Friday, April 8, 2011

Community Managed Sustainable Agriculture – A Path Way out of Poverty

Community Managed Sustainable Agriculture (CMSA) refers to low cost, natural resource based agriculture managed by women SHGs in Andhra Pradesh. CMSA is initiated in the year 2004 in Mahabubnagar district of Andhra Pradesh to address the major causes of agriculture distress like high costs of agriculture, extensive use of chemical inputs, displacement of local knowledge, unsustainable agricultural practices like mono cropping, markets unfavorable to small holders, etc.
Main objective of the CMSA is to bring sustainability to agriculture based livelihoods, to improve quality of life of farmers, and to increase net incomes of the farming community.
Methods promoted under CMSA are blend of scientifically proven technology, traditional wisdom, and, farmers’ innovations. CMSA methods are mainly focusing on Non-Pesticide Management (NPM), Comprehensive soil fertility Management, and harvesting rain water, soil conservation and improved cropping pattern in rain fed areas. Over a period of time these methods are building good ecology, where there is a balance between friendly insects and crop pests, increased role of local earthworms and other soil microbes, increased ground water etc.
The results of the intervention have been so beneficial to the farmers that there has been an exponential increase in the area under sustainable agriculture. It is an expansion driven by the positive experience of the farmers. There are no predetermined targets. CMSA is scaled up from 450 farmers to 10.47 lakh farmers in 7 years. CMSA is now covered 27 lakh acres in 8033 villages in 22 districts.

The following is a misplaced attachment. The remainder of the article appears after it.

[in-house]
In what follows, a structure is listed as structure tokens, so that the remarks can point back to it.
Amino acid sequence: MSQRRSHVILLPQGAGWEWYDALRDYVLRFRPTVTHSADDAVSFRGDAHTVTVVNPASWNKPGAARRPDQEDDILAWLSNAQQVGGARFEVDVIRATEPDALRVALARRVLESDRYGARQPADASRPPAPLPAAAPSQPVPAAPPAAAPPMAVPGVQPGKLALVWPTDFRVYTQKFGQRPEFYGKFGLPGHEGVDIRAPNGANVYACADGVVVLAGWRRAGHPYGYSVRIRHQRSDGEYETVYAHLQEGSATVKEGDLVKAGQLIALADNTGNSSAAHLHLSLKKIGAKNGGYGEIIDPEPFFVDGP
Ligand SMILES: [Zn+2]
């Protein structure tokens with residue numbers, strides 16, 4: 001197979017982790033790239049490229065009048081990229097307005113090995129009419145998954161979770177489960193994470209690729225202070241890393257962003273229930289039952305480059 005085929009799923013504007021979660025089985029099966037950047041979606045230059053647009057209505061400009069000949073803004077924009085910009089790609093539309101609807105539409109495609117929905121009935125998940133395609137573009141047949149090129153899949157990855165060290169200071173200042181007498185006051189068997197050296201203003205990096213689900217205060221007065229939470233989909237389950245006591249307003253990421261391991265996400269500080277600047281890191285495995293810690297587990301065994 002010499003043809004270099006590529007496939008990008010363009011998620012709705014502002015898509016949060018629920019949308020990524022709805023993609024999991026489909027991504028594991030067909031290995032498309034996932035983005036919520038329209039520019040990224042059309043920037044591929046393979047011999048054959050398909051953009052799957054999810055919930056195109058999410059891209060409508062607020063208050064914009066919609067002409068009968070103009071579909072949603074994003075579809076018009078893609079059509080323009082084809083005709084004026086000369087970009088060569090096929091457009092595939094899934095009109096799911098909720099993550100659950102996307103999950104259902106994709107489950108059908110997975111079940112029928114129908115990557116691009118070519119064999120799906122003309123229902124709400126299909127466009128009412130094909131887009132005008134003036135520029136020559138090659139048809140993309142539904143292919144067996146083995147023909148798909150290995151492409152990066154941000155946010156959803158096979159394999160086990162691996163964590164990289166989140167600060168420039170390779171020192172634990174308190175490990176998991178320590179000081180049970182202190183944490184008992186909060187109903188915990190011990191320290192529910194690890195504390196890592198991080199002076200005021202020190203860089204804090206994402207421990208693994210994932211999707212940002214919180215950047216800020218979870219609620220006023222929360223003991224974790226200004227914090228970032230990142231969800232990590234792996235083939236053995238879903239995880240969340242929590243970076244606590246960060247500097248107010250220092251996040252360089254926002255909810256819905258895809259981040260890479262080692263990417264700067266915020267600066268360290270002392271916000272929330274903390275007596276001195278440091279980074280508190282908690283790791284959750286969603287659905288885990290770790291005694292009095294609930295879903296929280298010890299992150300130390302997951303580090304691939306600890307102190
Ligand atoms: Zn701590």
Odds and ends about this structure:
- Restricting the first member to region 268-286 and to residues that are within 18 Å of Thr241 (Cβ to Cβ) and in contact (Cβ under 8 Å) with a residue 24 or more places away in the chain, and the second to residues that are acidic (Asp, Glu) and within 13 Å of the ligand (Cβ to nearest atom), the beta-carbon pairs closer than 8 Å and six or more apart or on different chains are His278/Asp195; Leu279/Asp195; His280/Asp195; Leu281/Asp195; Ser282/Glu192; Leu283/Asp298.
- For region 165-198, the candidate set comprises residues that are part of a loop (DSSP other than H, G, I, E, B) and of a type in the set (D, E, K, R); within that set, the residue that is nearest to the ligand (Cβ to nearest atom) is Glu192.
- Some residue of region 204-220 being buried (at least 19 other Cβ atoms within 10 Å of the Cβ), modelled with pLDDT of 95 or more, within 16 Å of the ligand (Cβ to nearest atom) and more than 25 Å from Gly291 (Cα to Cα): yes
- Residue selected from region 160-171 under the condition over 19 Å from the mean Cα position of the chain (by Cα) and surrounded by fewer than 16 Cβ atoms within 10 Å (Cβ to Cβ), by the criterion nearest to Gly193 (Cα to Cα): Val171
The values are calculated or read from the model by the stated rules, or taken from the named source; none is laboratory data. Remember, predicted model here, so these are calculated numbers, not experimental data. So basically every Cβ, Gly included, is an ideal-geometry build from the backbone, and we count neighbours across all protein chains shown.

The Key features of CMSA are decentralized extension system owned and managed by community, collection of farmers registration fee, natural resourced based agriculture, Comprehensive livelihoods support and not a standalone intervention, providing end – to end solution, investment is on capacity building, no input subsidy and transfer of technology is through best practitioners. The flagship components of the Program are Poorest of the Poor strategy (POP strategy- converting “land less agriculture labourer” into “net food producer”), Rain fed Sustainable Agriculture, System of Rice Intensification (SRI) and Food and Nutritional Security Models (36X36 models) at house hold level. These programs contributed towards increasing income levels of farmers, come out of poverty, conserving and enhancing natural resource base and providing food and nutritional security at house hold level.
No matter how good the technology is, without peoples’ involvement and strong grassroots institutions it will confined to laboratories or universities. The issue of long term food security and adaptation to climate change is so important that we cannot just have a ‘scientific’ or ‘technology’ solution. We need a ‘people’ centred solution, CMSA is one such solution.
CMSA promoting drudgery reduction infrastructure i.e CMSA shops and custom hiring centers etc at village level which helps in reducing drudgery in farming.  
Practices under CMSA are pro-poor and poorest of the poor are the first to adopt these methods. These are intensive models and require more labour. CMSA makes farmers free from debts and enable them to come out of poverty.